Link to article – https://www.express.co.uk/life-style/health/927793/Back-pain-cure-sciatica
ALMOST half of us are affected by sciatica at some point. Osteopath Oliver Eaton reveals what you can do about it.
The pain radiates down the back of your leg, with a numbness or tingling that extends down to your toes.
It is accompanied by a quick jolt of pain each time you cough or sneeze, that can be sharp enough to bring tears to your eyes.
The culprit is sciatica, which occurs when the sciatic nerve, the largest one in the body – running from your hips to your feet – becomes irritated.
It is estimated that almost half of us (43 per cent) will be affected by the condition at some point.
Model Kelly Brook and former Girls Aloud star Sarah Harding have both suffered from the condition.
The pain is caused by the pinching of the sciatic nerve along its pathways.
Sciatic pain can be constant or develop when moving and includes numbness, tingling, burning or weakness and sharp shooting pains that travel down the leg in a line often into the foot.
Or the discomfort can become worse when sitting down.
According to research, if you are overweight or smoke then you are at more risk.
Sciatica usually gets better after four to six weeks, although it can take many months.
It is important to identify the cause early, as limping to avoid the pain can often trigger a separate set of symptoms.
WHAT ARE THE MOST COMMON CAUSES?
LUMBAR HERNIATED DISC
Herniated discs (also known as slipped discs, prolapsed discs, bulging discs or protruding discs) occur when the gel-like substance inside the spinal disc pushes against the outer coating, causing it to bulge outwards.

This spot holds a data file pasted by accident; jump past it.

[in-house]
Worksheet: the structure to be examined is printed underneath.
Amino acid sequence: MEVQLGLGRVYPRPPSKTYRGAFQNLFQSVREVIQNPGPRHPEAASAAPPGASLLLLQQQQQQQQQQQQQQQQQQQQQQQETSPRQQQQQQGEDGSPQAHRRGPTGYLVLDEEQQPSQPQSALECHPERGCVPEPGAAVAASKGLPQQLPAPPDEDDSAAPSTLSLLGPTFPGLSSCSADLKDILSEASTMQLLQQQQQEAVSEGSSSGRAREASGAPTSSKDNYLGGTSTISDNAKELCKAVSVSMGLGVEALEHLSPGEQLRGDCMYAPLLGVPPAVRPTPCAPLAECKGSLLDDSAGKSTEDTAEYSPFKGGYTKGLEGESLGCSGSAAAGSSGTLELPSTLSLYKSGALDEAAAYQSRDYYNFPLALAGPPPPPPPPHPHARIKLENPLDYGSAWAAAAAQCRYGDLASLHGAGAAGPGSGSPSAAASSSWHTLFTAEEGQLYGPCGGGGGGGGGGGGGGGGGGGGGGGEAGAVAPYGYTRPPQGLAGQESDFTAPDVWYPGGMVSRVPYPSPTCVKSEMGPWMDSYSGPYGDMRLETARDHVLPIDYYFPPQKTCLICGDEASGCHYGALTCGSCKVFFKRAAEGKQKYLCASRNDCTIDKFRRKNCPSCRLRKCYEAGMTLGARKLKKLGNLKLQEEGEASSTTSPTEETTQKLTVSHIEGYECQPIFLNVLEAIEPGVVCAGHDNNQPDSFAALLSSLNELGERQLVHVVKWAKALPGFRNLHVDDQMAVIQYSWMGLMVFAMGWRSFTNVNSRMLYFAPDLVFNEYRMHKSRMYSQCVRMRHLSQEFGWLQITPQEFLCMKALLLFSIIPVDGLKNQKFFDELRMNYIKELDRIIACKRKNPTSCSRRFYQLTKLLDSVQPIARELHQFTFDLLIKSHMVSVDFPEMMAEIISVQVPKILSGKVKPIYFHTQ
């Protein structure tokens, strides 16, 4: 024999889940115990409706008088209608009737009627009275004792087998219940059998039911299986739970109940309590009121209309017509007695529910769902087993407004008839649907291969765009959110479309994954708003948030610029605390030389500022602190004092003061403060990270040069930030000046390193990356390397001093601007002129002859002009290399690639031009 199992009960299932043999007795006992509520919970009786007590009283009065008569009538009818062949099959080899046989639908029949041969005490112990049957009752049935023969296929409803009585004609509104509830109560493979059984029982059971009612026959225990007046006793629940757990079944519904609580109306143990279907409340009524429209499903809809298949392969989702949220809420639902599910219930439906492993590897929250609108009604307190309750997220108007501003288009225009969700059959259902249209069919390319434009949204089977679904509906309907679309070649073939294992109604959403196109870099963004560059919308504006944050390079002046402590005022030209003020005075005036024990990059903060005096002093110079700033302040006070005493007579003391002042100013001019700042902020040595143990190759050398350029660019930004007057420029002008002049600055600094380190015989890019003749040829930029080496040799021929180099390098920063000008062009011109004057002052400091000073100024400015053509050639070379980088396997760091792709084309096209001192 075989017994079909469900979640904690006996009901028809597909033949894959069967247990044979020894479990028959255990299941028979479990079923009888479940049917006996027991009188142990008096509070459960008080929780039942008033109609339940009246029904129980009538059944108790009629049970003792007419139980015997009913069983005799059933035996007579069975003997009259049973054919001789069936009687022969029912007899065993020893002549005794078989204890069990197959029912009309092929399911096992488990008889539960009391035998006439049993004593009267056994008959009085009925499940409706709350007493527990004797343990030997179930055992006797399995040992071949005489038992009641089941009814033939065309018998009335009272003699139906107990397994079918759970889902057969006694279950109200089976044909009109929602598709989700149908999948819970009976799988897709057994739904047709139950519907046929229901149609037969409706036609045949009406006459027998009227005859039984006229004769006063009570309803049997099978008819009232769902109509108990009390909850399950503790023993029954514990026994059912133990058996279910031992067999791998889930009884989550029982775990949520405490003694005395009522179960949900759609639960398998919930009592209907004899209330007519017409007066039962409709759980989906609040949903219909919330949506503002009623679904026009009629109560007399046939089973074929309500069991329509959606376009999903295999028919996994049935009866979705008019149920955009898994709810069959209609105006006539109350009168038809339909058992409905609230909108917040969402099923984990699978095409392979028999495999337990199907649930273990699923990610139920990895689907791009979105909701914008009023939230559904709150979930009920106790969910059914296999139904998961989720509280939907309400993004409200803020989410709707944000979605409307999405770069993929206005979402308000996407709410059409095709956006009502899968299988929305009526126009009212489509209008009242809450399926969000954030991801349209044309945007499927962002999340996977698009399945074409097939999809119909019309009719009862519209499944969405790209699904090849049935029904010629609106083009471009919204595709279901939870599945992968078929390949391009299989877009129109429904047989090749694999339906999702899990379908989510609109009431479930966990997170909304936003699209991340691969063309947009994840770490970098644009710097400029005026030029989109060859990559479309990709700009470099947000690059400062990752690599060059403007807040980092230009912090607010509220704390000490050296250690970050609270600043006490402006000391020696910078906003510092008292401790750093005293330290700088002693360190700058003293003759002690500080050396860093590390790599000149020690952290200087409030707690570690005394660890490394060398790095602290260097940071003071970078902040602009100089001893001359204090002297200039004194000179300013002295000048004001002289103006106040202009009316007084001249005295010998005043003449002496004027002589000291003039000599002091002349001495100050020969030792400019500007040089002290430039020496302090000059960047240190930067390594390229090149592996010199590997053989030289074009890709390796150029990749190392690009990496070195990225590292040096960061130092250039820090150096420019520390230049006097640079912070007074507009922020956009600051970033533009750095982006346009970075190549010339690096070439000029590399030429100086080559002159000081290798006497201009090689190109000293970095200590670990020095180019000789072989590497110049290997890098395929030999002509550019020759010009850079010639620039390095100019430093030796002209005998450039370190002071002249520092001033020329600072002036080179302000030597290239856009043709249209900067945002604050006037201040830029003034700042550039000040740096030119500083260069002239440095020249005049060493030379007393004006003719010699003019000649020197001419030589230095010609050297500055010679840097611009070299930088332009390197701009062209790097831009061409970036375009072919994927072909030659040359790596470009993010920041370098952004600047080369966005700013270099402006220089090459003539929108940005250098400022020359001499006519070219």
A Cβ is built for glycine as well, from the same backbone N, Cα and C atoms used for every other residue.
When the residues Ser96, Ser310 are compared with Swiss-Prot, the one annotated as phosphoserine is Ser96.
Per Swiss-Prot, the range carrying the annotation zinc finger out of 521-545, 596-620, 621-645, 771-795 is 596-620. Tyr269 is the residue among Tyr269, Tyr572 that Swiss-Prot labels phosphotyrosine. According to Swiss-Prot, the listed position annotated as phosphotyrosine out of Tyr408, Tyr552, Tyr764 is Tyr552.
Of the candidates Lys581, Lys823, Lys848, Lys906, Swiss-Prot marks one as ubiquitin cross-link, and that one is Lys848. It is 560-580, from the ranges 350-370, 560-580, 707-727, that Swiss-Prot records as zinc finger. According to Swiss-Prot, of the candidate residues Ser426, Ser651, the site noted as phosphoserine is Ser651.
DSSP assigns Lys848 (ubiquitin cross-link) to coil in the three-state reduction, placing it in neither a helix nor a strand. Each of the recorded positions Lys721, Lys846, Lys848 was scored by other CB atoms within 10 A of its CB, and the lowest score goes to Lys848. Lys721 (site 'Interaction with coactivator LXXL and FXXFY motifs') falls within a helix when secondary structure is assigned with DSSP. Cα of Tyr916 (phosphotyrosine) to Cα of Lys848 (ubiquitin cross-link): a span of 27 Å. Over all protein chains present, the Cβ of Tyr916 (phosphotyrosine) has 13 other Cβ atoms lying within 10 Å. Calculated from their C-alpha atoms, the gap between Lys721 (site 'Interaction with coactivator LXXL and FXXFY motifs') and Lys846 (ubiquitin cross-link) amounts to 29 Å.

This bulge can then push against the nerve.
DEGENERATIVE DISC DISEASE
Discs, alongside cartilage in the body, don’t have a blood supply.
This means a disc’s ability to repair and regenerate isn’t as good as a muscle, for example.
As we age, the volume of fluid in the disc lessens, weakening the structure, leaving it vulnerable to bulging out against a nerve.
This can then cause sciatic-type pain.
This is a condition in which the piriformis muscle, located in the bottom, spasms and causes buttock pain.
The piriformis muscle can also irritate the nearby sciatic nerve and cause pain, numbness and tingling along the back of the leg and into the foot (similar to sciatic pain).
We are not designed to sit for as long as we do in the 21st century, with the increase in desk jobs.
The good news is that it is one of the easiest forms of sciatica to resolve with alternative treatments.
LUMBAR SPINAL STENOSIS
Spinal stenosis refers to an abnormal narrowing of the spinal canal that results in pressure on the spinal cord or nerve roots.
It often develops over time as a result of degeneration in the spinal joints as we age and is most common in the over-60s.
The weight of the baby can cause many of the muscles that surround the sciatic nerve to tighten up around it, causing symptoms of sciatica.
Also during the third trimester of pregnancy a hormone called relaxin is released.